Open Access

Prevalence and risk factors of gastroesophageal reflux symptoms in a Chinese retiree cohort

BMC GastroenterologyBMC series ¿ open, inclusive and trusted201212:161

DOI: 10.1186/1471-230X-12-161

Received: 8 June 2012

Accepted: 13 November 2012

Published: 15 November 2012

Abstract

Background

Data about prevalence of gastroesophageal reflux diseases (GERD) from Asian populations are still scarce. To provide additional data on prevalence of GERD and investigate its potential risk factors, we performed this cross-sectional study in the Taizhou Retiree Cohort.

Methods

After physical examination, the participants were asked whether they suffered with heartburn or acid regurgitation in the last 12 months by trained interviewers, and if yes, the severity and frequency of the symptoms were recorded. Odds ratios (ORs) with 95% confidence intervals (CIs) for the associations of obesity and other risk factors with GERD were derived from logistic regression models.

Results

8831 retirees completed the questionnaire and physical examination. In total 150 (1.7%) reported the symptoms occurring at least once per week within the last 12 months before the interview. Compared with subjects without GERD, having a history of diabetes mellitus (OR 2.2, 95% CI 1.4-3.5), hypertension (OR 1.4, 95% CI 1.0-2.1), gastritis (OR 8.2, 95% CI 5.8-11.5), peptic ulcer (OR 3.3, 95% CI 1.8-6.1) and high triglyceride level (≥1.81mmol/L) (OR 2.0, 95% CI 1.2-3.4) were associated with a significantly increased risk of GERD. However, there was no significant association between body mass index, waist-to-hip ratio or waist alone, smoking, consumption of alcohol & tea, and the occurrence of reflux symptoms.

Conclusions

Compared with Western populations, the prevalence of GERD in this Chinese retiree cohort is low. A history of diabetes mellitus, hypertension, gastritis, peptic ulcer or hypertriglyceridaemia increases GERD risk in this population.

Keywords

Gastroesophageal reflux symptoms Body mass index Obesity Abdominal obesity Retired population

Background

Gastroesophageal reflux disease (GERD) is a chronic disease that is associated with a range of troublesome symptoms, which can in turn have a significant impact on health-related quality of life. Western countries have experienced GERD epidemic in recent decades; a systematic review article concluded that the prevalence of GERD was 10-20% in Western countries [1]. Recently, the prevalence of GERD has been reported to increase rapidly in Asia [25]. However, studies on Asian populations are still scarce.

There is a widespread notion that obesity and abdominal obesity may increase the risk of GERD, especially in Western populations [69]. High body mass index (BMI) is associated with a dose-dependently increased risk for GERD, erosive esophagitis, and esophageal adenocarcinoma. Several studies have reported that the adverse effect of obesity on GERD is through mechanical alterations at the esophagogastric junction [10, 11]. However, since not every obese patient develops GERD, the pathogenesis must be multifactorial and cannot be explained by a single physiological parameter. Additional observations demonstrated the association between GERD and metabolic risk factors including hypertension, hypertriglyceridaemia and diabetes mellitus [1214]. There is also suggestive relationship between GERD and peptic ulcer and gastritis [15, 16], but the results are not consistent.

In this study, we therefore intended to investigate the prevalence of gastroesophageal reflux symptoms and to determine whether BMI, waist circumference, waist-to-hip ratio and other factors are associated with the symptoms in the Taizhou Retiree Cohort.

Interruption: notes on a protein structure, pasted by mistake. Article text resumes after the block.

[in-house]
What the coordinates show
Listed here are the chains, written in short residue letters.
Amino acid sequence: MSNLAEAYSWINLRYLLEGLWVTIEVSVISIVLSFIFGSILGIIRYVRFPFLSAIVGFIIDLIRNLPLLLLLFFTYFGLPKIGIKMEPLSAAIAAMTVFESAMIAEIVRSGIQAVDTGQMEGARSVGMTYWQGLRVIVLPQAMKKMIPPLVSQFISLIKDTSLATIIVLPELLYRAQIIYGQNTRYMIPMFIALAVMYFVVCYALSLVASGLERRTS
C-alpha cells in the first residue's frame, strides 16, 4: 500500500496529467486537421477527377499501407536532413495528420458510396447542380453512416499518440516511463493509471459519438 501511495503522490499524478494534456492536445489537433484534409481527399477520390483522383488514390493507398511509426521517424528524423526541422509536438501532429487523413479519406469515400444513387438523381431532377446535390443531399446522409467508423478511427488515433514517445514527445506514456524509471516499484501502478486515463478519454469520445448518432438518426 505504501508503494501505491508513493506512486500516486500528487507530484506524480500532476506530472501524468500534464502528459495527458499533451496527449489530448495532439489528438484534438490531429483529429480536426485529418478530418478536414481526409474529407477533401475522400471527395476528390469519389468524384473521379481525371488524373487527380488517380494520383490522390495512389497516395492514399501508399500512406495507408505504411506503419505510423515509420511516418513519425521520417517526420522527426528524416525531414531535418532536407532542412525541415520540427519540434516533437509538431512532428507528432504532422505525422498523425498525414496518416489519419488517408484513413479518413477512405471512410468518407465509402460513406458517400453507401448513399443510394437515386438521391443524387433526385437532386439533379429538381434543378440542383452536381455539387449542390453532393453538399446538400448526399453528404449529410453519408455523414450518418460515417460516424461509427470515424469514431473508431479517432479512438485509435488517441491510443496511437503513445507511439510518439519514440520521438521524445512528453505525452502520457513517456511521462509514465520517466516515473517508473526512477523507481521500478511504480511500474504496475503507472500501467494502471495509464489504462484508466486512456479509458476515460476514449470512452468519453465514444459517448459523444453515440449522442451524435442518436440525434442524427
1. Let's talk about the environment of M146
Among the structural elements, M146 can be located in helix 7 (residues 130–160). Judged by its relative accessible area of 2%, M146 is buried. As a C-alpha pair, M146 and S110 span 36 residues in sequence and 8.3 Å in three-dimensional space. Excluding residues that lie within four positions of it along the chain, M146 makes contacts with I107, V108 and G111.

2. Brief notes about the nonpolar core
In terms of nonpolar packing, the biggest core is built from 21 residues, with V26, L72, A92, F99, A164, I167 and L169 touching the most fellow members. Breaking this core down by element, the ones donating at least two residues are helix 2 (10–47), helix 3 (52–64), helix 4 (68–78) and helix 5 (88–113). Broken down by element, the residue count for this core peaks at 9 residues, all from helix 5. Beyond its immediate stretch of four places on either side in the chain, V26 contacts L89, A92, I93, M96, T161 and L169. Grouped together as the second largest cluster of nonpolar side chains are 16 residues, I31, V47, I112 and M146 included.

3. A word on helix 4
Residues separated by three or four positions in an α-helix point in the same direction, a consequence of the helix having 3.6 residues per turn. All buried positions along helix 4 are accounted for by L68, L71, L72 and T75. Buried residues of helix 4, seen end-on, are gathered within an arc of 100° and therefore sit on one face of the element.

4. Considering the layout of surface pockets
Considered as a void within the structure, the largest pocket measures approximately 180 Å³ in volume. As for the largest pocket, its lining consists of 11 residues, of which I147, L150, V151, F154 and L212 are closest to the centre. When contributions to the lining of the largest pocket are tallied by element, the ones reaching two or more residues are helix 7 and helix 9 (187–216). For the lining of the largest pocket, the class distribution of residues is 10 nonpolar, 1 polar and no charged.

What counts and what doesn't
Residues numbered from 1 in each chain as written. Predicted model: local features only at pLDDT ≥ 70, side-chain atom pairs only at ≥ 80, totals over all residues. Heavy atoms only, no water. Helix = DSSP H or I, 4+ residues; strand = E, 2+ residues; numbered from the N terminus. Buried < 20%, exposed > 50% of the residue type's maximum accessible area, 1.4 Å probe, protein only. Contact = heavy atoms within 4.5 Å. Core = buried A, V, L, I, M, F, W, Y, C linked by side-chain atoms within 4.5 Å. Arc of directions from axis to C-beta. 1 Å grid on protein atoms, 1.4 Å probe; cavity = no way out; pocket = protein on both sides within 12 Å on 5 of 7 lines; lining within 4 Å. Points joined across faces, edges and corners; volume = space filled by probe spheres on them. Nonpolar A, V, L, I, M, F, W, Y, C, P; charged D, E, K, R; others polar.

Methods

The study cohort and data collection

Taizhou Longitudinal Study phase II (retiree cohort) was started from December of 2007, detailed description of study methods has been published previously [17], Briefly, all retirees who registered in the Social Insurance Bureau of Hailing (a district of Taizhou city), were invited to undergo a medical examination and their blood samples were collected for testing serum lipid, glucose and other biochemical profile. Information on demographic characteristics, lifestyle, as well as history of major chronic diseases was also collected for each participant. A simplified questionnaire about gastroesophageal reflux symptoms was added since September of 2008 and used till the end of enrollment, August 2009 [18, 19]. The trained interviewers asked the participants whether or not they suffered with heartburn or acid regurgitation in the past 12 months, and if yes, the frequency of the symptoms, and the age the symptoms started. Heartburn and acid regurgitation are the cardinal symptoms of gastroesophageal reflux disease, and the use of questionnaires to assess these symptoms is well validated as a reliable measurement of the true occurrence of reflux [20, 21]. Symptom of “heartburn” was defined as “the burning sensation behind breast bone”, and “acid regurgitation” was defined as “a bitter or sour tasting fluid coming into the throat or chest”. Symptom frequency was reported as: less than once per month, once per month, once per week, 2-3 times per week, 3-4 times per week or daily. We also asked whether the symptoms affected subjects’ daily life including sleep, dietary habits and physical activity. The influences of the of symptoms were reported as negligible, mild (almost can be ignored), moderate (cannot be ignored but can be tolerated), severe (affects normal daily life) and very severe (markedly, affects normal daily life). A summary severity score was then created by taking max value of the influences, and grouping negligible and mild category together. Participants were also asked whether they took medication for their symptoms, such as H2-receptor antagonist (H2Ra) or proton pump inhibitors (PPI).